AFL-CIO President Richard Trumka, the head of the most powerful labor organization in the country and a close ally of the Biden White House, has died. He was 72.
A cause of death was not immediately announced.
Trumka, who had led the AFL-CIO as president since 2009, was known for his fiery rhetoric and his harsh attacks on corporate America. He was also a vocal supporter of Democratic candidates and critic of Republicans, and labor leaders and Democrats rushed to praise him and mourn his passing Thursday.
“Rich Trumka devoted his life to working people, from his early days as president of the United Mine Workers of America to his unparalleled leadership as the voice of America’s labor movement,” AFL-CIO Communications Director Tim Schlittner said in a statement. “He was a relentless champion of workers’ rights, workplace safety, worker-centered trade, democracy and so much more. He was also a devoted father, grandfather, husband, brother, coach, colleague and friend.”
“I rise today with some sad, some horrible, news about the passing of a great friend, Rich Trumka, who left us this morning,” Senate Majority Leader Chuck Schumer said on the floor of the Senate, his voice breaking as he patted the lectern to compose himself. “The working people of America have lost a fierce warrior at a time when we needed him most.”
“Rich Trumka was the working people of America,” he said, adding, “I wanted to inform my colleagues that we have just lost a giant, and we need him so.”
“The arc of history will remember this great man as a beacon of light during this trying time for working men and women,” said Ray Curry, the new president of the United Auto Workers union.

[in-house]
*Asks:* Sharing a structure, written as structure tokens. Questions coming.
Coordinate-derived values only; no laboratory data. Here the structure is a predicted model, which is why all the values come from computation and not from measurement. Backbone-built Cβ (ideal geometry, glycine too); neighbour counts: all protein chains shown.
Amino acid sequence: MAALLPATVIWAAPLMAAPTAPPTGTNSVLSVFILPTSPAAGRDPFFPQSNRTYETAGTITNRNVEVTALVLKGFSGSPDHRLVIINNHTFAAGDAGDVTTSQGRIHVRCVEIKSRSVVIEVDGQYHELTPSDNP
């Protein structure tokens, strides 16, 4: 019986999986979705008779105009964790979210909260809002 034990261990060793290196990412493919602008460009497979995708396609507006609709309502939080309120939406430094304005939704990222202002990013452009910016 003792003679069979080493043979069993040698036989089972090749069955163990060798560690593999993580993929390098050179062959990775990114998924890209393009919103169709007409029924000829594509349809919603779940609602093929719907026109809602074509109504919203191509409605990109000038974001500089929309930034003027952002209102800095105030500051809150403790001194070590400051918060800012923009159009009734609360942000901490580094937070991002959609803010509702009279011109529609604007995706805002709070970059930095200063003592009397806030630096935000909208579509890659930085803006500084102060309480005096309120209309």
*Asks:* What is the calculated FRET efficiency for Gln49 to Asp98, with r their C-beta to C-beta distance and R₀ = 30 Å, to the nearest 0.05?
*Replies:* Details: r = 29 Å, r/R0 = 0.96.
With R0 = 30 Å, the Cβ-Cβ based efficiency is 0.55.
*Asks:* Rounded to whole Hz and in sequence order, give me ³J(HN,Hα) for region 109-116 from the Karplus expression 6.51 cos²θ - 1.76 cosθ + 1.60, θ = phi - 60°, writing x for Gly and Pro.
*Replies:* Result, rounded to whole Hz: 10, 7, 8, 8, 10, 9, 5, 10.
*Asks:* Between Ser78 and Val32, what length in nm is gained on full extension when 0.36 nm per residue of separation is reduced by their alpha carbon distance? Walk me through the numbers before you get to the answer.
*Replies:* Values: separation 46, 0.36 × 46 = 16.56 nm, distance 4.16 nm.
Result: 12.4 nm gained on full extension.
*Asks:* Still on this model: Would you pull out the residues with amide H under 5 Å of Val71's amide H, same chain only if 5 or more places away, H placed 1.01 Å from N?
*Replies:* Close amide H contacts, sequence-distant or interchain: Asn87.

President Joe Biden also addressed Trumka’s passing at the White House on Thursday, calling him a “good, close, personal friend.”
Trumka was a leader in the push not just for economic programs such as the infrastructure bill now before Congress but also the voting rights bills that Democratic leadership has endorsed.
“Without the right to vote, there is no democracy. Without the right to form a union, there is no democracy. Nothing less than our freedom is on the line,” he said in one of his final speeches last month.
His attacks on Republicans could demonstrate his wit as well as his passion. When Scott Walker, who as governor of Wisconsin moved to strip state employees of collective bargaining rights, lost his reelection bid in 2018, Trumka put out a single sentence statement that simply said, “Scott Walker was a national disgrace.”
But Trumka could also be a critic of Democrats and their policies if he believed they hurt workers. He was a fierce and long-time critic of NAFTA, the trade pact with Canada and Mexico passed during the Clinton administration. And he praised the replacement United States Canada Mexico Agreement (USCMA) negotiated by President Donald Trump.
“NAFTA was written for those at the top. It enriched corporations at the expense of working families across North America,” he wrote in an opinion column on CNN in 2019 marking the passage of the USCMA.
The son of a coal miner in Nemacolin, Pennsylvania, southeast of Pittsbugh, Trumka went to work in the mines himself as a teenager. But he also went to college and law school and became a staff attorney with the United Mine Workers of America union’s Washington office soon after graduating law school in 1974.
He became the youngest person elected president of the UMWA in 1982 at the age of 33 and led the union on a series of strikes over the next 13 years.
He became the secretary-treasurer of the AFL-CIO in 1995, the union organization’s second highest position. And he was often the harsh, public voice for the union rather than the more reserved president of the organization at the time, John Sweeney.
Elizabeth Shuler, who was elected as the group’s secretary-treasurer in 2009 when Trumka was elected president, will assume the duties of the federation’s president under terms of its constitution. The AFL-CIO’s executive council will meet to select a permanent replacement later this month. If Shuler is selected, she would be the first woman to serve as president of the organization.
CORRECTION: This headline on this story has been updated to correctly describe the AFL-CIO. The story has also been updated with additional reaction and background information.
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